You can get replacement locksets for most scooters, but, like with cars, the newer the scooter, the more complicated the ignition switch could be. For instance, a Buddy 170 ignition switch won’t work on a Buddy 125, and Buddys built after 2012 have a different ignition switch than the older models while a PX150 tumbler set will work on every PX150 and any Stella. Key blanks only work if you have at least one key to begin with, or you’re really good at disassembling and arranging tumbler pins and tiny springs.
Also, it might be stolen.
5. Does it actually run? How does it sound?
Four stroke engines have a nice and smooth hum. Two Stroke engines sound like a gentle chainsaw or weed whacker. If the scooter already has a performance pipe on it, the sound will be a little different- a four stroke will typically have a throatier grumble, a two stroke with an expansion chamber exhaust will have a “brap” sound, that sounds a little like things are popping.
Is it smoking? If it is a four stroke and it is smoking, you’ve got a problem. If it is a two stroke and it isn’t smoking, you’ve got a problem.
Ask the seller to rev the engine. It should respond quickly and drop back down to idle speed quickly. If it doesn’t, it could need carb work, the throttle cable may be sticking, the throttle tube could be sticking, the throttle slide could be sticking- basically, something is sticking somewhere, it should return to idle quickly.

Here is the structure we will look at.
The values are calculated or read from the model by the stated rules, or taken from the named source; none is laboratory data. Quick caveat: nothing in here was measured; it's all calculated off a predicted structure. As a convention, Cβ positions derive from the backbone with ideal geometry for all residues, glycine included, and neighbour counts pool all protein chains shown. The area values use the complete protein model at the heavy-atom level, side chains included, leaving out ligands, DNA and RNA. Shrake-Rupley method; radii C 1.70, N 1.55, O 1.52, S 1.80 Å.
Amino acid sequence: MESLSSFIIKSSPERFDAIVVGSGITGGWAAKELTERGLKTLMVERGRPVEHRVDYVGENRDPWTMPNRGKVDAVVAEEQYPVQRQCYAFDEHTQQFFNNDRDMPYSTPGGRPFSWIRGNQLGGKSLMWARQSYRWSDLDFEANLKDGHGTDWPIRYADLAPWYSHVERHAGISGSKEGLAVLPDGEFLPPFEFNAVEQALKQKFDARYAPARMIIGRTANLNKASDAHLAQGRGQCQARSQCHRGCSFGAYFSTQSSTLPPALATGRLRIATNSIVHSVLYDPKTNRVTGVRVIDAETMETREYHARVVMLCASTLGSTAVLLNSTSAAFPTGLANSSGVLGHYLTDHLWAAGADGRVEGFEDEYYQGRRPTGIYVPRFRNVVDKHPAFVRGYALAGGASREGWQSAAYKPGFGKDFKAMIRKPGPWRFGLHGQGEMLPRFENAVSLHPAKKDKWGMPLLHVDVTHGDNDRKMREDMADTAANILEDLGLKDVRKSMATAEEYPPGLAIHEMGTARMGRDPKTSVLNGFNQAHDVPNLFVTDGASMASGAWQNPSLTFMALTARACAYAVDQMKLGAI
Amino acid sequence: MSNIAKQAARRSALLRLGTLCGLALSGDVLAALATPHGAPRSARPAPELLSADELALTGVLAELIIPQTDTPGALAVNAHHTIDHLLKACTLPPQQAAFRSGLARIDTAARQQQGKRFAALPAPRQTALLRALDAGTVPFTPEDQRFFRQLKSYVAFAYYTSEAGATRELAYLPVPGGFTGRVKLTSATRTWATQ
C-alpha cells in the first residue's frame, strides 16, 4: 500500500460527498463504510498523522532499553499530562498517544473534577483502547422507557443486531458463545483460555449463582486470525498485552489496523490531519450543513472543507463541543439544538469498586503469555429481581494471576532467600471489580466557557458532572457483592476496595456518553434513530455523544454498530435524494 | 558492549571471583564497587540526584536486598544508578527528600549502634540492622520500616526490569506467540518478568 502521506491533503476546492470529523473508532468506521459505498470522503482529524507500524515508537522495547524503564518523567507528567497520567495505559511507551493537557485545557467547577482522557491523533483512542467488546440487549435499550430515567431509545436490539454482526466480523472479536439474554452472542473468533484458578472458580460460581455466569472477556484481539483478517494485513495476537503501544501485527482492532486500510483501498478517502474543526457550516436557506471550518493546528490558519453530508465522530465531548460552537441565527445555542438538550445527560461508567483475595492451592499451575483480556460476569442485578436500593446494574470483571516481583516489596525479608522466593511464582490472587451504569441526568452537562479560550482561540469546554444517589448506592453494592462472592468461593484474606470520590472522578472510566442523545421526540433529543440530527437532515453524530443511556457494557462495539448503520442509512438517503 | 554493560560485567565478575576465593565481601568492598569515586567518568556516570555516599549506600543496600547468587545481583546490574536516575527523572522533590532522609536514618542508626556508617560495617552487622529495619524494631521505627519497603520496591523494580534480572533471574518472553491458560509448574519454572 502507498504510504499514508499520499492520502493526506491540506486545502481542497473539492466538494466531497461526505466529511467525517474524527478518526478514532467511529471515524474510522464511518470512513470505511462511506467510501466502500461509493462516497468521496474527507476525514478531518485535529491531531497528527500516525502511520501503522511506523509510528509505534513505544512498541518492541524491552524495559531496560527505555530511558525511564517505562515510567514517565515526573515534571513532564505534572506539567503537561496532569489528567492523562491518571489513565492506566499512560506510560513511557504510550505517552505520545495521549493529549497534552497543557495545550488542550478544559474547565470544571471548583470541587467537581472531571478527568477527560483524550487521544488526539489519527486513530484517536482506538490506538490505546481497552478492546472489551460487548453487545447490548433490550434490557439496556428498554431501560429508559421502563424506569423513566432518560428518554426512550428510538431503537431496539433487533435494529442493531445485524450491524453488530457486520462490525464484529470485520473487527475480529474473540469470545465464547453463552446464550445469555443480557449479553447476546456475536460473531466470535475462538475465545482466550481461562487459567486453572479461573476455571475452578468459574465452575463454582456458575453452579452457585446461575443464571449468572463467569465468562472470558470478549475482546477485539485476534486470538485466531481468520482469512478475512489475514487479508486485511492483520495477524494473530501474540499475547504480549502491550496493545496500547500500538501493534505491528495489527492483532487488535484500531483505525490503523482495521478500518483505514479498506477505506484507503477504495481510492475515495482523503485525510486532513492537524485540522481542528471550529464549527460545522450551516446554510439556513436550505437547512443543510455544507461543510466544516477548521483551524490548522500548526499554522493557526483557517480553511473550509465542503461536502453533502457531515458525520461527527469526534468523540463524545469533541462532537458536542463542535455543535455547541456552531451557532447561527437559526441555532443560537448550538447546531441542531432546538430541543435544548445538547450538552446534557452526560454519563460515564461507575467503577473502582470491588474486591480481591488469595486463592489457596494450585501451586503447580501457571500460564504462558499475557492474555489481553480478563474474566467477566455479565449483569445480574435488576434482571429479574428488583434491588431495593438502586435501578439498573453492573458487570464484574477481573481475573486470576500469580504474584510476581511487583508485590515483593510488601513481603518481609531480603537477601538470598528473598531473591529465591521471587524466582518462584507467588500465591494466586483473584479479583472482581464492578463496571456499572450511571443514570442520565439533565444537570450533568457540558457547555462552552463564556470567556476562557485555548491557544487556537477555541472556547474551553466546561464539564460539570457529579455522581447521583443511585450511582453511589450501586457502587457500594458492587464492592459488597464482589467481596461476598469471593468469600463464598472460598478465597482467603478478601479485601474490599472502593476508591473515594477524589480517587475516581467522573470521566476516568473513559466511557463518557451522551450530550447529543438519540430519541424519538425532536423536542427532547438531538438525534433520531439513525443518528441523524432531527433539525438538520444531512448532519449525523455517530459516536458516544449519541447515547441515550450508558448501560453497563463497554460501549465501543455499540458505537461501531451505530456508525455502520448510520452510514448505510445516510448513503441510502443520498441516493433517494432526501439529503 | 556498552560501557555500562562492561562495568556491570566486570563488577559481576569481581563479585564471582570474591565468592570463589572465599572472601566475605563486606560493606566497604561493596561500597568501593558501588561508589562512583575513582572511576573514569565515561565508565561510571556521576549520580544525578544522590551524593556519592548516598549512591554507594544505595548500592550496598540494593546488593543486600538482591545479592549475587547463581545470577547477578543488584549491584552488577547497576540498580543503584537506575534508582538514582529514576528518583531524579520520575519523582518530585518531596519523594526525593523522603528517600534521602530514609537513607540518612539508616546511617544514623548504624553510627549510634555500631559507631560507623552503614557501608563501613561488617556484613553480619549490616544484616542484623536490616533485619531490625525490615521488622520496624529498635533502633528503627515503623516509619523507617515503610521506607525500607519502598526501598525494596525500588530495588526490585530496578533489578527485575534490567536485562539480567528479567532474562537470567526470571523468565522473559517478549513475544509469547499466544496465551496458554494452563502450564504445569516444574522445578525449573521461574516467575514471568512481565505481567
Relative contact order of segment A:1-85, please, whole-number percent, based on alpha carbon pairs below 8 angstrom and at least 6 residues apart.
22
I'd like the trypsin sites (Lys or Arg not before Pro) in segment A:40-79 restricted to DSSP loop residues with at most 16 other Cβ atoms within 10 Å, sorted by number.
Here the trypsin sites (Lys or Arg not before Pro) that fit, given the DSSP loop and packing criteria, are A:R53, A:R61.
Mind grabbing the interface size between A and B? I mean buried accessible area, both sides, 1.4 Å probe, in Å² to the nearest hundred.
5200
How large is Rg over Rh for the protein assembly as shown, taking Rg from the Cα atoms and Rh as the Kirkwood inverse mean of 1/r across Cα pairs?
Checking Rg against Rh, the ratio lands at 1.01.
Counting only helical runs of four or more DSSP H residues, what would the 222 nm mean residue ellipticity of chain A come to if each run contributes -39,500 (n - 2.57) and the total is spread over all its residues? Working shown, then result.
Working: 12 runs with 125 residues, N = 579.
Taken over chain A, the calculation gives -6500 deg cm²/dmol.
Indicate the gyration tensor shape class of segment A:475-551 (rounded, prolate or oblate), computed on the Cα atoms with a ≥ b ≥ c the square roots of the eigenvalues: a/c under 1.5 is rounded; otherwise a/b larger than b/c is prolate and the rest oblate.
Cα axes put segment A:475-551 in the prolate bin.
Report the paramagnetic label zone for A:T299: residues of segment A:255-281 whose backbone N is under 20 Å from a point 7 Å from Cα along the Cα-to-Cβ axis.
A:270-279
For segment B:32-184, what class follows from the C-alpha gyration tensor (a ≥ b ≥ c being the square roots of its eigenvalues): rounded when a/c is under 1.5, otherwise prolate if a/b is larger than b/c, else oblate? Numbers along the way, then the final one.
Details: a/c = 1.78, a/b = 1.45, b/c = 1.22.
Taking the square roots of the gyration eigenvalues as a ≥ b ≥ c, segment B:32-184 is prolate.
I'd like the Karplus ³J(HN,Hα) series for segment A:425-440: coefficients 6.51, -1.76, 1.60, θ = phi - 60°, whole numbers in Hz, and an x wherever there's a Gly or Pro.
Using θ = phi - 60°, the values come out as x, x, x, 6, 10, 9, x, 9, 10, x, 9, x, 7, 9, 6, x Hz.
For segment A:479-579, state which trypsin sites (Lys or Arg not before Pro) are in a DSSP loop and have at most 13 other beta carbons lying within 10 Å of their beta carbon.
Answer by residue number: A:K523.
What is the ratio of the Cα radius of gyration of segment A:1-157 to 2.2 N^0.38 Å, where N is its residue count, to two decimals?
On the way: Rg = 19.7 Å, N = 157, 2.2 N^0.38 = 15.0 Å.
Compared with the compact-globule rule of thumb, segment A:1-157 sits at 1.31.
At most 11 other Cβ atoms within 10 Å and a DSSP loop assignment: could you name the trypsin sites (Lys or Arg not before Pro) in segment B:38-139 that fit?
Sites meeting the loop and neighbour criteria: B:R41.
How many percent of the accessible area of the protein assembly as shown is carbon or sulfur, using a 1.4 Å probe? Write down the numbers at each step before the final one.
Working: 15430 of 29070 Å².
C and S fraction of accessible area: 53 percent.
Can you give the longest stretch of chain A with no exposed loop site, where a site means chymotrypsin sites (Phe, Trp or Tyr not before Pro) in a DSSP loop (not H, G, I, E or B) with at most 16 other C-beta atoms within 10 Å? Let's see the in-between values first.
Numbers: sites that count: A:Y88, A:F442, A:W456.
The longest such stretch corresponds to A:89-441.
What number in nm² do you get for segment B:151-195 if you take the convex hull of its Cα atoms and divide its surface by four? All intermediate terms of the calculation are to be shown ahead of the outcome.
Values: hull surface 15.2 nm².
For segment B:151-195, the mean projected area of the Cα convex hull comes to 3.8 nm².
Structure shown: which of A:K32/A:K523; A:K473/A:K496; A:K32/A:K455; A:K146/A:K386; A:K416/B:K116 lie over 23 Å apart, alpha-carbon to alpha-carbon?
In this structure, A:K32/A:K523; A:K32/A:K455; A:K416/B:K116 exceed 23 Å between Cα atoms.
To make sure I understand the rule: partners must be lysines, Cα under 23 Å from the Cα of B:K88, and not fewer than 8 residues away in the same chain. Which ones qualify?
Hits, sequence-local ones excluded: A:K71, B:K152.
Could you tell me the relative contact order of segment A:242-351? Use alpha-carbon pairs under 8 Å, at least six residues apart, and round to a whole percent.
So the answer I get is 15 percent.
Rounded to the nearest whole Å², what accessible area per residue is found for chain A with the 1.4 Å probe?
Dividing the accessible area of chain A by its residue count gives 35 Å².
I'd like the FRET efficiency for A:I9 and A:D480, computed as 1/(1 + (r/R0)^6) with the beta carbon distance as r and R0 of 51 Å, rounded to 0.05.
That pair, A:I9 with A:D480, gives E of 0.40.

If the bike dies right away when the seller revs it, feel free to knock $100 off of whatever they’re asking. Something is up with the carb. It is always the carb. Maybe it’s the air intake. (It’s probably the carb.)
6. How do the tires look?
Do they hold air? Bald tires need to be replaced. Tires with dry rot (cracking along the sidewall) need to be replaced. If it is a vintage Vespa and the tires look worn and say Cheng Shin, you should replace those, they’re super old.
7. How are the brakes?
You can test this one without test riding. If the levers bottom out (or are snapped off) you don’t have brakes. If you can hold down the brakes and still turn the wheel, you don’t have brakes. If you can barely squeeze the lever, you probably have brakes that need to be bled/adjusted, or you have a stuck cable, seized caliper or seized shoe.
8. Do all of the lights work?
9. How rusted is the exhaust?
Exhaust pipes are usually the first thing to go, the temperature extremes, combined with getting splattered with road grime mean they’re prone to rusting out. Replacement stock exhausts are relatively easy to find. Aftermarket performance exhausts are fun to have. Replacing a scooter exhaust is pretty straightforward but can be complicated by seized headers and mounting bolts.That’s a lot to look at, but it could be the difference between you terrorizing the neighborhood all summer long on a new-to-you scooter and you staring at the new-to-you lawn ornament that you can’t get plates for and doesn’t run.
Of course, everything can be fixed. And there are a fair amount of basket cases out there that deserve a second chance on the road. It is just a question of whether or not you want to sort out (and pay for) all of the headaches.
*Please proceed with caution. This is not an endorsement. The intersection of the internet and reality should always be questioned.
Do your research when buying any scooter. If something looks off, it probably is, but everything is fixable.